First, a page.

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The cinematography in “Tailors” was excellent. Its story was told in a humorous and light-hearted way (at least in the first half of the movie), which made watching this period-piece a delight. Its trippy dream sequence that involves giant rabbits on the moon was a laugh and the clothes – the clothes were colorful, bold, vivacious, and beautiful. It was a feast for the eyes.

C'est Si Bon” had different strengths. The mellow music was a welcome break from the usual bubble gum pop that is K-pop's bread and butter. For older viewers, the movie brought pangs of nostalgia as the movie carefully shows what was beautiful about the past and hides the uglier and seedier aspects of it.

However, both movies had their weaknesses; and it is the same set of weaknesses that plague many Korean movies. Both are unable to maintain the frenetic energy of the first act. Whereas the first act is comedic, light-hearted, and fun, both movies fall into formulaic melodrama in the second half. The romance in both movies are very traditional and chaste (yet far more watchable and tolerable than anything in the Twilight film series). And both lead actresses' characters (Park Shin-hye as the queen in “Tailors” and Han Hyo-joo as the actress/the trio's muse in “C'est Si Bon”) were underused and underdeveloped.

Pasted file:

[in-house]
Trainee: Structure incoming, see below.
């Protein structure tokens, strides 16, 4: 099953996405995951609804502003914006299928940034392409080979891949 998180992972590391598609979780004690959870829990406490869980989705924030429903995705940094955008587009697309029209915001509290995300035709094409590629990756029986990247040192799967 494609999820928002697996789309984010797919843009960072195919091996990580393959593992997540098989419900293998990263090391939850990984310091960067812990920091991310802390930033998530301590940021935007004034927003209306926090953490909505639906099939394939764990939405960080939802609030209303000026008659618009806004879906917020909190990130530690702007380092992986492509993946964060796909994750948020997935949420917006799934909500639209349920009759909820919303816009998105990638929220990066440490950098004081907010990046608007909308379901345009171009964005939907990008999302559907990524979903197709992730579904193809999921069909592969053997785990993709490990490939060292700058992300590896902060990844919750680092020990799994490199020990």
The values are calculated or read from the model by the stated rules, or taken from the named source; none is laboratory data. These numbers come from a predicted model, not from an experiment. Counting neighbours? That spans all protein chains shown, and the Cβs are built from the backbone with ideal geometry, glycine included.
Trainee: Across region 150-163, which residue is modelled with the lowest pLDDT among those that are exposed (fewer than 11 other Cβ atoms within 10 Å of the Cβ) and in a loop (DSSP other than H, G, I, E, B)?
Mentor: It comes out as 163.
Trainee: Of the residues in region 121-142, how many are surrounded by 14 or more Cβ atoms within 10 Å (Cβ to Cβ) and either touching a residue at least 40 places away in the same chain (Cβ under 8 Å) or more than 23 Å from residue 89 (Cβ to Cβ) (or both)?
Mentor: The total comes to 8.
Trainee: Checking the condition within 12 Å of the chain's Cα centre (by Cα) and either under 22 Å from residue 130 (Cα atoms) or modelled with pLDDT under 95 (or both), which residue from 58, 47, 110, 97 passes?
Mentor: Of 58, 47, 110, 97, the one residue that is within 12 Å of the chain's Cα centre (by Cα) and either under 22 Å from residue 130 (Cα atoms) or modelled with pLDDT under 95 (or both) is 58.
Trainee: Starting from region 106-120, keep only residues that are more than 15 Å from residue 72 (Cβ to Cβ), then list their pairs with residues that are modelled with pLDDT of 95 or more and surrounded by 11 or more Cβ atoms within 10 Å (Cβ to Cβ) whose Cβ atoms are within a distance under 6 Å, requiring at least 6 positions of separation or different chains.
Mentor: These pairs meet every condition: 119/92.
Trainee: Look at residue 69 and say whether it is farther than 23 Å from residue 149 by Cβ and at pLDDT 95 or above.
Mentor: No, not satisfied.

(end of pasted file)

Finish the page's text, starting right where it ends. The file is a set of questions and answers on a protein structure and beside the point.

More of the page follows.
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Both movies had their strengths and weaknesses. However, there is one element that I thought many film reviewers missed. It is that both movies contain messages that are anti-authoritarian and pro-freedom.

In the case of “Tailors,” the younger tailor (played by Go Soo) represents rebellion against the established order. Instead of designing clothes the way they have always been designed for no other reason than that has always been the way clothes were designed, the young tailor laughs. He is a man of integrity who knows what he wants – to design beautiful clothes the way he wants – damn what others say or think. Unlike Han Suk-kyu's character, Go Soo's character refuses to sell his soul. After all, selling one's soul is the easiest thing in the world. That's what everybody does every hour of his life.

I don't know if the filmmakers behind “Tailors” were channeling Howard Roark but that was all I saw.